Saewulf, John of Würzburg, Theoderic
Three Pilgrimages to the Holy Land
- Pages: 302 p.
- Size:156 x 234 mm
- Illustrations:4 maps b/w
- Publication Year:2022
- € 60,00 EXCL. VAT RETAIL PRICE
- ISBN: 978-2-503-59372-2
- € 60,00 EXCL. VAT RETAIL PRICE
- ISBN: 978-2-503-59373-9
This edition presents English translations of the accounts of three important 12th-century travellers to the Holy Land, the Anglo-Saxon Saewulf and the Germans John of Würzburg and Theoderic, based on the Latin texts edited by R.B.C. Huygens (CCCM 139).
"The Corpus Christianorum in Translation series identifies itself as a tool of accessibility, to aid scholars in their approach of often linguistically complex Latin and Greek texts (...) It is encouraging to see translations of texts like this which help modern scholarship understand the way that the medieval mind would have approached literature and theology. By providing a touchstone, or standard accepted reference, for interpreting these Latin texts in accessible modern vernacular languages, we can invite more people to grapple with the cruces of early medieval theology and its persistent ripples through the cultures it touched." (Emerson Richards-Hoppe, in The Medieval Review, 22.09.02)
Denys Pringle is Emeritus Professor in the School of History, Archaeology and Religion at Cardiff University. In addition to his four-volume corpus, The Churches of the Crusader Kingdom of Jerusalem (1993–2009), his more recent publications include a volume of translated texts, Pilgrimage to Jerusalem and the Holy Land, 1187–1291 (2012), and a book of collected studies, Churches, Castles and Landscape in the Frankish East (2013).
This edition presents English translations of the accounts of three important twelfth-century travellers to the Holy Land, the Anglo-Saxon Saewulf and the Germans John of Würzburg and Theoderic, based on the edition of the Latin texts. Saewulf travelled to the Holy Land soon after its capture by the First Crusade in 1099. His travelogue, framed by accounts of his outward sea journeys from southern Italy to Jaffa and back to Constantinople, describes the buildings and holy sites of Jerusalem and its surrounding countryside as they appeared in the early years of the Frankish kingdom, before the major building works that characterized the short century of Christian rule over the city were fully under way. In contrast, the two German descriptions give more detailed accounts of the transformation that the city and surrounding landscape had undergone and of the new churches and monasteries and their artistic programmes that had been created by the 1160s and 1170s. The translated texts are preceded by an introduction placing the texts in their historical context and are accompanied by brief explanatory notes with bibliographical indications for further information.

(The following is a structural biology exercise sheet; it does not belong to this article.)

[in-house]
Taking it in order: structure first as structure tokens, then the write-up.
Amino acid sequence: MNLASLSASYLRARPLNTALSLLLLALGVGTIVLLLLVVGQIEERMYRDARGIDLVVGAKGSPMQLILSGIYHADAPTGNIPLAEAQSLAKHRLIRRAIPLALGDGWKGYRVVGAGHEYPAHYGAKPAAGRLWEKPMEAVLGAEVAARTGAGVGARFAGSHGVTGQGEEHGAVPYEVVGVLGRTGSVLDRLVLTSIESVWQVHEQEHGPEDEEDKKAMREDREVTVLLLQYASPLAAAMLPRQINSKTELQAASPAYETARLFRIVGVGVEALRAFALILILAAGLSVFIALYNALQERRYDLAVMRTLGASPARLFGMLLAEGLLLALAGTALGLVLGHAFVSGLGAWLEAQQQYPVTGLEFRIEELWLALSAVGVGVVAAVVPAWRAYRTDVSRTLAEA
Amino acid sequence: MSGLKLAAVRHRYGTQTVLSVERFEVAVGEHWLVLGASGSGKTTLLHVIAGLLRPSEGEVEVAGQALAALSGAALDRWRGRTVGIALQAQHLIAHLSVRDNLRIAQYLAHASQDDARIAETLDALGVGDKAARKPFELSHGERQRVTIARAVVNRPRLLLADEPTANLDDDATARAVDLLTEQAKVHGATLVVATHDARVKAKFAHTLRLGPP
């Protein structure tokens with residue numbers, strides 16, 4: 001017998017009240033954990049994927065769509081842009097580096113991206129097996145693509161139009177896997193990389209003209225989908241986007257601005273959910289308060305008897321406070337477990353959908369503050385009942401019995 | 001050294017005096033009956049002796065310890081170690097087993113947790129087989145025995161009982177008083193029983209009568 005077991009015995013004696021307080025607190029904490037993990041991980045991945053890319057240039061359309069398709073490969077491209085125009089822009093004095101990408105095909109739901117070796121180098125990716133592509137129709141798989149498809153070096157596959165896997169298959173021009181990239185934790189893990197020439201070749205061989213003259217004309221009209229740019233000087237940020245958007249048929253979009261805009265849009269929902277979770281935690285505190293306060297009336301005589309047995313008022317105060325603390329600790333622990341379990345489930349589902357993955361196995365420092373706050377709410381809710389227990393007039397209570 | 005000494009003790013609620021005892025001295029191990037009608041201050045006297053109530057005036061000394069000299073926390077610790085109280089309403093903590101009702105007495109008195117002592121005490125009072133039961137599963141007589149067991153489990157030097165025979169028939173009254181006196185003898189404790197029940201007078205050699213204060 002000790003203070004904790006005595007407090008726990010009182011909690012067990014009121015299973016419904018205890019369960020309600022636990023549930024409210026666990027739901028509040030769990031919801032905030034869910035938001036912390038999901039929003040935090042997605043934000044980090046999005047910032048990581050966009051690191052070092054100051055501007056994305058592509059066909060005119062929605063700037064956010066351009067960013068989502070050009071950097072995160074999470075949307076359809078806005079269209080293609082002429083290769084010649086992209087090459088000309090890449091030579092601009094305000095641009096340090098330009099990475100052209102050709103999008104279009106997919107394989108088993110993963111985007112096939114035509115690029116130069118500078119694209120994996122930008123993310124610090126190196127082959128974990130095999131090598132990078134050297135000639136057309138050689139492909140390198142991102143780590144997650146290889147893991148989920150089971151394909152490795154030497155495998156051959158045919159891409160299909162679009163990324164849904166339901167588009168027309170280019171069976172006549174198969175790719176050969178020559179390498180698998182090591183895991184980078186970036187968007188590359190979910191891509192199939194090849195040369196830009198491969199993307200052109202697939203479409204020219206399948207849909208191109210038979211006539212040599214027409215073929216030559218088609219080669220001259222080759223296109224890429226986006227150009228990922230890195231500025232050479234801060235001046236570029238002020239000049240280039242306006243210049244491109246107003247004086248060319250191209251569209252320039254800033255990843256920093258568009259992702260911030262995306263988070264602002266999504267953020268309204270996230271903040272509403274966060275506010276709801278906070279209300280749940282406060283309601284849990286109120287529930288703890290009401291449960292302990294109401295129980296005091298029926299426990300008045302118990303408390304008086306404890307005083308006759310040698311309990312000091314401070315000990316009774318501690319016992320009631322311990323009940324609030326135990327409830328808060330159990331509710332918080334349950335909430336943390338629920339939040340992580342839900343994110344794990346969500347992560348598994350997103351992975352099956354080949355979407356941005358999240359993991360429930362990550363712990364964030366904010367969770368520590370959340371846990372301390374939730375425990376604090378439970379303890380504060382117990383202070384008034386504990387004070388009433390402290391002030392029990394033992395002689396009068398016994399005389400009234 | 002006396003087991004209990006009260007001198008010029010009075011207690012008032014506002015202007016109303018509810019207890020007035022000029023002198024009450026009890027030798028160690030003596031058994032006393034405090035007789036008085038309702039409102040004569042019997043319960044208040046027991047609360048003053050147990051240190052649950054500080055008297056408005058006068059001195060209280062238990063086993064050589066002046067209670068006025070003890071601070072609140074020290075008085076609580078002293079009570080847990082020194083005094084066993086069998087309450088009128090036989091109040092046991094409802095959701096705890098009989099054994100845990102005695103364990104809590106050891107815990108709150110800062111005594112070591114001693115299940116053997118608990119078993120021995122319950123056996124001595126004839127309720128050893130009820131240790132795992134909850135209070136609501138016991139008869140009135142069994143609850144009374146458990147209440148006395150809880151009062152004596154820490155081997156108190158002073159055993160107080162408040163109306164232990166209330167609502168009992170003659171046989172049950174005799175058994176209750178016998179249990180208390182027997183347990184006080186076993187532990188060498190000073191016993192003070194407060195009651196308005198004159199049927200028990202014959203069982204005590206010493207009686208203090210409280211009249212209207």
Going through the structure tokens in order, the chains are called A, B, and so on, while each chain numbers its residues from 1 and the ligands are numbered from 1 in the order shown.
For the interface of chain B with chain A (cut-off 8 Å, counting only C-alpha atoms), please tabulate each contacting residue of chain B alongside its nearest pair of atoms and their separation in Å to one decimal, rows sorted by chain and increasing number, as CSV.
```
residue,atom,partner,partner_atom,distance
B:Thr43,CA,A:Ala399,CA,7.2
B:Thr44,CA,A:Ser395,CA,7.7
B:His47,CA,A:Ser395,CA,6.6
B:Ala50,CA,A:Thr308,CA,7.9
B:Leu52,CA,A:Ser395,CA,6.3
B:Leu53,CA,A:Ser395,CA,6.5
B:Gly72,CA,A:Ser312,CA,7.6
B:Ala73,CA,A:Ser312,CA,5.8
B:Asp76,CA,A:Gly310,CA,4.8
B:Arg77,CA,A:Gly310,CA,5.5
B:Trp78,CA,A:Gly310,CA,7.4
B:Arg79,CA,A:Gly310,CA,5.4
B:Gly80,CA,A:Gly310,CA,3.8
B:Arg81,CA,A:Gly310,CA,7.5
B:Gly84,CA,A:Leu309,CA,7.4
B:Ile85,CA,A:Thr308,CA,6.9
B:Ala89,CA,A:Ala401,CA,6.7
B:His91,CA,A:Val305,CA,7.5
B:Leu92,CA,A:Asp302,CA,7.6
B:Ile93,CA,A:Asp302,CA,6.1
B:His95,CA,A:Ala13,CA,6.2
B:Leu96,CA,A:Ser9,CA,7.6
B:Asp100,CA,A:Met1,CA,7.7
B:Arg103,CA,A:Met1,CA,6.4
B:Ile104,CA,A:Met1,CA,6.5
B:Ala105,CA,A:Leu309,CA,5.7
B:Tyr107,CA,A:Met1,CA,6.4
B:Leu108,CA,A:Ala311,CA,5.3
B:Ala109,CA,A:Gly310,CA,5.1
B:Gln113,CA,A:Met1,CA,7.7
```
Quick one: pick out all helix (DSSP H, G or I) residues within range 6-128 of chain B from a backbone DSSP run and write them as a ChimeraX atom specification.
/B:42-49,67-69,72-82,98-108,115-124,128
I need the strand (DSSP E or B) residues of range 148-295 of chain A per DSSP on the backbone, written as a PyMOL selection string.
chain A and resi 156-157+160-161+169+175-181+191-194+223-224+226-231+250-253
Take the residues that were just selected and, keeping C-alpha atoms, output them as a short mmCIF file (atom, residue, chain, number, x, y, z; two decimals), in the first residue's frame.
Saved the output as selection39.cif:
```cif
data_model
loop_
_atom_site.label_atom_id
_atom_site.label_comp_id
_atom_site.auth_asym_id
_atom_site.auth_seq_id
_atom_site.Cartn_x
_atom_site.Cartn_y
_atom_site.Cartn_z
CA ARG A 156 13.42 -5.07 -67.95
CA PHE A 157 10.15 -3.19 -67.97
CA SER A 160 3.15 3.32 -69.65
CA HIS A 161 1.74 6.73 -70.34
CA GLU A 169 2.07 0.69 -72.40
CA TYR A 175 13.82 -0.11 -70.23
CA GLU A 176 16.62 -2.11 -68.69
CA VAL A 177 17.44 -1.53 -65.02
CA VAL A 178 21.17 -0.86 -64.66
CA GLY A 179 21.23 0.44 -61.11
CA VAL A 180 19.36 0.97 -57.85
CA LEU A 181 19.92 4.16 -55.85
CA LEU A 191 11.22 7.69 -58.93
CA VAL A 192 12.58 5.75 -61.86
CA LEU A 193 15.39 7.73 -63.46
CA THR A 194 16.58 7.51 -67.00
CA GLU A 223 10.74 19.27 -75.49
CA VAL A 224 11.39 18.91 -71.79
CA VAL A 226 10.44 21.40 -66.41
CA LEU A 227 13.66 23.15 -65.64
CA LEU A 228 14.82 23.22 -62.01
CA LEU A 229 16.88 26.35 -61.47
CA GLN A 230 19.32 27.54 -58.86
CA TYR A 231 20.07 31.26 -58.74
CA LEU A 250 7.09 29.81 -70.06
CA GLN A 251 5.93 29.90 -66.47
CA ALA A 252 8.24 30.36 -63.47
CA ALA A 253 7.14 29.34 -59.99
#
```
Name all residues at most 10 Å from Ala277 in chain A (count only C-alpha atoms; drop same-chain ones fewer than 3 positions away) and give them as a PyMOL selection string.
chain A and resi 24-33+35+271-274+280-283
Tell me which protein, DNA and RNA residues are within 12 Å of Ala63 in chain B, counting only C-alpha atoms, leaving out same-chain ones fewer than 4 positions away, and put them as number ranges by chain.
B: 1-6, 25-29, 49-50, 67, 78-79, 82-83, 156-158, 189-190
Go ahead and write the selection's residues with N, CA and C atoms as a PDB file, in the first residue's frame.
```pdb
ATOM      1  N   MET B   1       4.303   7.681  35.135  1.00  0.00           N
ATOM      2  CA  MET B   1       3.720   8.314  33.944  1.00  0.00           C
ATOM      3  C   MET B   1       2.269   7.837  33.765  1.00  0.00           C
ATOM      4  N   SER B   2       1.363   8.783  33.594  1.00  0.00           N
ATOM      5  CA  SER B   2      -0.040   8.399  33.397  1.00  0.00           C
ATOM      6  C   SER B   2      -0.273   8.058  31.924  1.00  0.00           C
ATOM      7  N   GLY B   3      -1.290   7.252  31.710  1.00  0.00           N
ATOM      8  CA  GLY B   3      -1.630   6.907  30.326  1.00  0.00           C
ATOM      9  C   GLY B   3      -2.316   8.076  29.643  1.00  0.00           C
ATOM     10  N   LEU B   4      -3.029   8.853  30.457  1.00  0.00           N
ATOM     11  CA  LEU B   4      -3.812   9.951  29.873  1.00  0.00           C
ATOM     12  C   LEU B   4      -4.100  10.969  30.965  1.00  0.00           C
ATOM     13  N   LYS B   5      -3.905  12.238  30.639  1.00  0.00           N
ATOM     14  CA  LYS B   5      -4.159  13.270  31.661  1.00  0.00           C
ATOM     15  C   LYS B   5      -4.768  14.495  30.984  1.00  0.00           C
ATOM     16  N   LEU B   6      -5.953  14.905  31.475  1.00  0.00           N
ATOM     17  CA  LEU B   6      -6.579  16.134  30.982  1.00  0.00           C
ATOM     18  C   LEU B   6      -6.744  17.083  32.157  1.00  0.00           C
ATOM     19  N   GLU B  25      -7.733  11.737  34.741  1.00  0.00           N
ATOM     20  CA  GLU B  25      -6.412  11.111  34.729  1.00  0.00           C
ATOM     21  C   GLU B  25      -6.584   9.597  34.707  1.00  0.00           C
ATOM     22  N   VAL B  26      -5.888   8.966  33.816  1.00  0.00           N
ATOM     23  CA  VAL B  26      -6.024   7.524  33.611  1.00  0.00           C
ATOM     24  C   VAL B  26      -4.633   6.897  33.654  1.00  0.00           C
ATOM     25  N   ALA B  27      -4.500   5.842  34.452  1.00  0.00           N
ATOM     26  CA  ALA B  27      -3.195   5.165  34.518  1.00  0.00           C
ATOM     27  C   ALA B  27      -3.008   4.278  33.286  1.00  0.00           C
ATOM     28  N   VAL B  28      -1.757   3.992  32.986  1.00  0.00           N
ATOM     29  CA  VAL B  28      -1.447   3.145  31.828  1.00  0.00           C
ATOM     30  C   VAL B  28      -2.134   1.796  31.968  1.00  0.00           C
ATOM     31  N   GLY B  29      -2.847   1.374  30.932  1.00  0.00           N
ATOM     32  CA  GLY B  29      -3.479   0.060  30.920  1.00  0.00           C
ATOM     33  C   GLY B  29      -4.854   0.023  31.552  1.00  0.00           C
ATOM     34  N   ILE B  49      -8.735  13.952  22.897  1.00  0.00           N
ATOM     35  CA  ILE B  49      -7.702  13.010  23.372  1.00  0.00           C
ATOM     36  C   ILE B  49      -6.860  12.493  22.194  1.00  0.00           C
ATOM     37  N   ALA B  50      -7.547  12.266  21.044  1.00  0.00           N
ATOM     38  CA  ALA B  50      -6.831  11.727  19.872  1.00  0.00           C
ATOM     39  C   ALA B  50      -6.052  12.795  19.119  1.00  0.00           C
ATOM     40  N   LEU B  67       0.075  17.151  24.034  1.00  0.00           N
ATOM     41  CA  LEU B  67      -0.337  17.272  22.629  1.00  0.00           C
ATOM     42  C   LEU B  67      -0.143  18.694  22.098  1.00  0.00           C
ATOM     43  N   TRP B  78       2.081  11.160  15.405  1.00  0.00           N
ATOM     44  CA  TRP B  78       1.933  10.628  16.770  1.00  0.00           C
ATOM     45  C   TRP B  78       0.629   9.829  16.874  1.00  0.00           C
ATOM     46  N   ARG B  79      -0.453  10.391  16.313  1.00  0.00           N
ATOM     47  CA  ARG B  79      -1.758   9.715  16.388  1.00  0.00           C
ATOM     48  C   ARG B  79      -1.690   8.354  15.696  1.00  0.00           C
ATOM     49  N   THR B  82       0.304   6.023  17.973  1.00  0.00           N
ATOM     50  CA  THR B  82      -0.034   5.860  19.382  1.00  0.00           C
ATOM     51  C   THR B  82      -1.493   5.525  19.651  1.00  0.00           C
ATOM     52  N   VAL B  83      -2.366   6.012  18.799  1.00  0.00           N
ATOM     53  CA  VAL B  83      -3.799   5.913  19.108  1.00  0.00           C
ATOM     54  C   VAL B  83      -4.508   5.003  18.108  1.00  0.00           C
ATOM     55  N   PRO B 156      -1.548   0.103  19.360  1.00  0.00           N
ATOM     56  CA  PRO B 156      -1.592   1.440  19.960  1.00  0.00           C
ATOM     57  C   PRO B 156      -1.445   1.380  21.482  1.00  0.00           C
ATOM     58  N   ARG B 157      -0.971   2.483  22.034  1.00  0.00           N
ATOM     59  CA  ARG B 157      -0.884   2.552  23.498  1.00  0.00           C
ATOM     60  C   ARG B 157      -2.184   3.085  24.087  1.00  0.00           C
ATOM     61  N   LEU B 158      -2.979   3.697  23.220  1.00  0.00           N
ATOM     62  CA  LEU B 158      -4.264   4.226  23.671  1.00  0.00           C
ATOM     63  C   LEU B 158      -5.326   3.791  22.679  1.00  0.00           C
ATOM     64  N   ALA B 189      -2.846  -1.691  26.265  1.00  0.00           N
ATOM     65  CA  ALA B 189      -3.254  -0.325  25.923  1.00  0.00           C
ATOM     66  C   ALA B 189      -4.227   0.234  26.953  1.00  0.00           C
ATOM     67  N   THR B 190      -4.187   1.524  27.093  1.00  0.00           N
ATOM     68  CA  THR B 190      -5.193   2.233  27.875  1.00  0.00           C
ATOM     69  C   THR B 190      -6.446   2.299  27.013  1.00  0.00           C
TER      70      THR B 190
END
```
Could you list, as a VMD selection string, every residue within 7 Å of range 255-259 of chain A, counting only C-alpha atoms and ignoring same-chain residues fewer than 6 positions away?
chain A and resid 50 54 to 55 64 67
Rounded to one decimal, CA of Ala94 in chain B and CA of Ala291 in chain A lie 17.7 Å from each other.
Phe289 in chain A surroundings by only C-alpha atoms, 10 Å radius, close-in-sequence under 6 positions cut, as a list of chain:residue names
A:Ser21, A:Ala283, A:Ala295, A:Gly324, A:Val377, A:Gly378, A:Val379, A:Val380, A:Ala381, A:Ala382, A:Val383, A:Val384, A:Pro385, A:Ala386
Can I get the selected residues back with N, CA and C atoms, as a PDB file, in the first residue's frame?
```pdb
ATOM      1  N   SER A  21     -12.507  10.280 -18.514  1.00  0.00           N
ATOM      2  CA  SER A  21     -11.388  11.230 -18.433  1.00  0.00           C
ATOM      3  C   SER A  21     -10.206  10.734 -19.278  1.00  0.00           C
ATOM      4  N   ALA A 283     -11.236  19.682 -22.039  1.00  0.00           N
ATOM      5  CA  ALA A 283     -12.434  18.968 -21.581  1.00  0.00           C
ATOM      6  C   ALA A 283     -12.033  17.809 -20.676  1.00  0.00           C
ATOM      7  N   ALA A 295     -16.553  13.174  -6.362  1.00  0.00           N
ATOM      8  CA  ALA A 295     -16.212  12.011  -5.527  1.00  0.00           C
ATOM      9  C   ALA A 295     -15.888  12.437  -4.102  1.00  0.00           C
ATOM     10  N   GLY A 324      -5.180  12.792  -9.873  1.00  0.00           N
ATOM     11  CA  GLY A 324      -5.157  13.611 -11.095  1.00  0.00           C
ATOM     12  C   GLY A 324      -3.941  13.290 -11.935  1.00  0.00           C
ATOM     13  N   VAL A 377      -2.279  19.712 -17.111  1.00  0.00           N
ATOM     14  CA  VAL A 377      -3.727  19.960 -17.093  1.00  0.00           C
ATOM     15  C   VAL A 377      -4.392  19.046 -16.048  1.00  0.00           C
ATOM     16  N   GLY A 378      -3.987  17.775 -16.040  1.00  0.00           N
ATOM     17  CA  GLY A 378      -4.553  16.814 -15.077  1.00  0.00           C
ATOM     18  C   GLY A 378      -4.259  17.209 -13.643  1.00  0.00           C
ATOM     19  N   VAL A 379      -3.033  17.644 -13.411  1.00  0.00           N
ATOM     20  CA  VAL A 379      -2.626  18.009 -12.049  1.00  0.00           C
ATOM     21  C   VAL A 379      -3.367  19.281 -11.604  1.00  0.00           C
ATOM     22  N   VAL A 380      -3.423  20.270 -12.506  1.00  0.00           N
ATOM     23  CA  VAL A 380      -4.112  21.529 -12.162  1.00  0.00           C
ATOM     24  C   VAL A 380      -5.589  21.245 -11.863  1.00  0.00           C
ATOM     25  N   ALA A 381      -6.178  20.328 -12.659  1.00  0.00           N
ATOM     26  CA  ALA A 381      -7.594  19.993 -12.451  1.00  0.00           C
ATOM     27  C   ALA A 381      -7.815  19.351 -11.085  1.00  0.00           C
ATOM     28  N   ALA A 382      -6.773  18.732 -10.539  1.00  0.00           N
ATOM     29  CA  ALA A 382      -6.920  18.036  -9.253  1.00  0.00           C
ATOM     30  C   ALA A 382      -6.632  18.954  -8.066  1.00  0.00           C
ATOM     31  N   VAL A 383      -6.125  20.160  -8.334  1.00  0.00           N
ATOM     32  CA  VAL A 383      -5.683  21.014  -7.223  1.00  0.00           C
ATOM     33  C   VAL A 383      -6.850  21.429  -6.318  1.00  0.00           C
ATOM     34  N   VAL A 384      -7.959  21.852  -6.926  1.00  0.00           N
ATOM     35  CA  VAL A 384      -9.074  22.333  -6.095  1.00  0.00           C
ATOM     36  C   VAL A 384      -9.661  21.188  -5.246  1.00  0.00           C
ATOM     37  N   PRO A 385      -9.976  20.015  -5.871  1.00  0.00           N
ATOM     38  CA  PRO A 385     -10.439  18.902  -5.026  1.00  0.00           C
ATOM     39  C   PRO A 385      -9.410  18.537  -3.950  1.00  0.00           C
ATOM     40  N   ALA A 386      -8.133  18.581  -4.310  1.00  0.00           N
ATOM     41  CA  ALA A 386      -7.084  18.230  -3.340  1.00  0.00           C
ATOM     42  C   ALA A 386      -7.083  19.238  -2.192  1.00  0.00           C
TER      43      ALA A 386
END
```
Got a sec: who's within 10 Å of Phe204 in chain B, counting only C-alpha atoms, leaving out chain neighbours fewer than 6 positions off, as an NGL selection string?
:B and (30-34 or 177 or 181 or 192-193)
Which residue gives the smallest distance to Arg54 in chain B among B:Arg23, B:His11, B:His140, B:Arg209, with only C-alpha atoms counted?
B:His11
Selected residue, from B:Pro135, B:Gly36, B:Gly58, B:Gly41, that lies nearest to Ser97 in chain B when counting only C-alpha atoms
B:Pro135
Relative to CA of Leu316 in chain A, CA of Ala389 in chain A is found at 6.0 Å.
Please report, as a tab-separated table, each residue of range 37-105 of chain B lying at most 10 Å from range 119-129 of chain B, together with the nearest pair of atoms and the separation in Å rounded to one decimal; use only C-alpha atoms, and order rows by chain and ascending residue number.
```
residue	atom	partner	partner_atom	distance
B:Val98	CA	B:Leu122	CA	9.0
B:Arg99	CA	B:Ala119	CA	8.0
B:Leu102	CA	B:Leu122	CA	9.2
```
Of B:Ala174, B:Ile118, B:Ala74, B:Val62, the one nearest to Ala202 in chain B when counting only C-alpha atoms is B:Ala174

The source texts of this volume appeared in Corpus Christianorum, Continuatio Mediaeualis as Peregrinationes tres (CC CM, 139), edited by R.B.C. Huygens. References to the corresponding pages of the Corpus Christianorum edition are provided in the margins of this translation.
La collection Corpus Christianorum in Translation (CCT) offre des traductions modernes des textes patristiques et médiévaux grecs et latins qui ont été édités dans l’une des collections Corpus Christianorum (Series Graeca, Series Latina et Continuatio Mediaevalis). Les langues cibles sont l'allemand, l'anglais, l'espagnol, le français et l'italien. Ces traductions, qui sont publiées indépendamment des éditions critiques, se proposent de rendre accessibles les textes édités dans le Corpus Christianorum à ceux qui n'ont pas l'occasion de les lire dans la langue originale. Pour ceux qui sont familiers de la langue originale, les traductions pourront servir d'un instrument de référence commode et d'aide pour l'interprétation des textes grecs ou latins.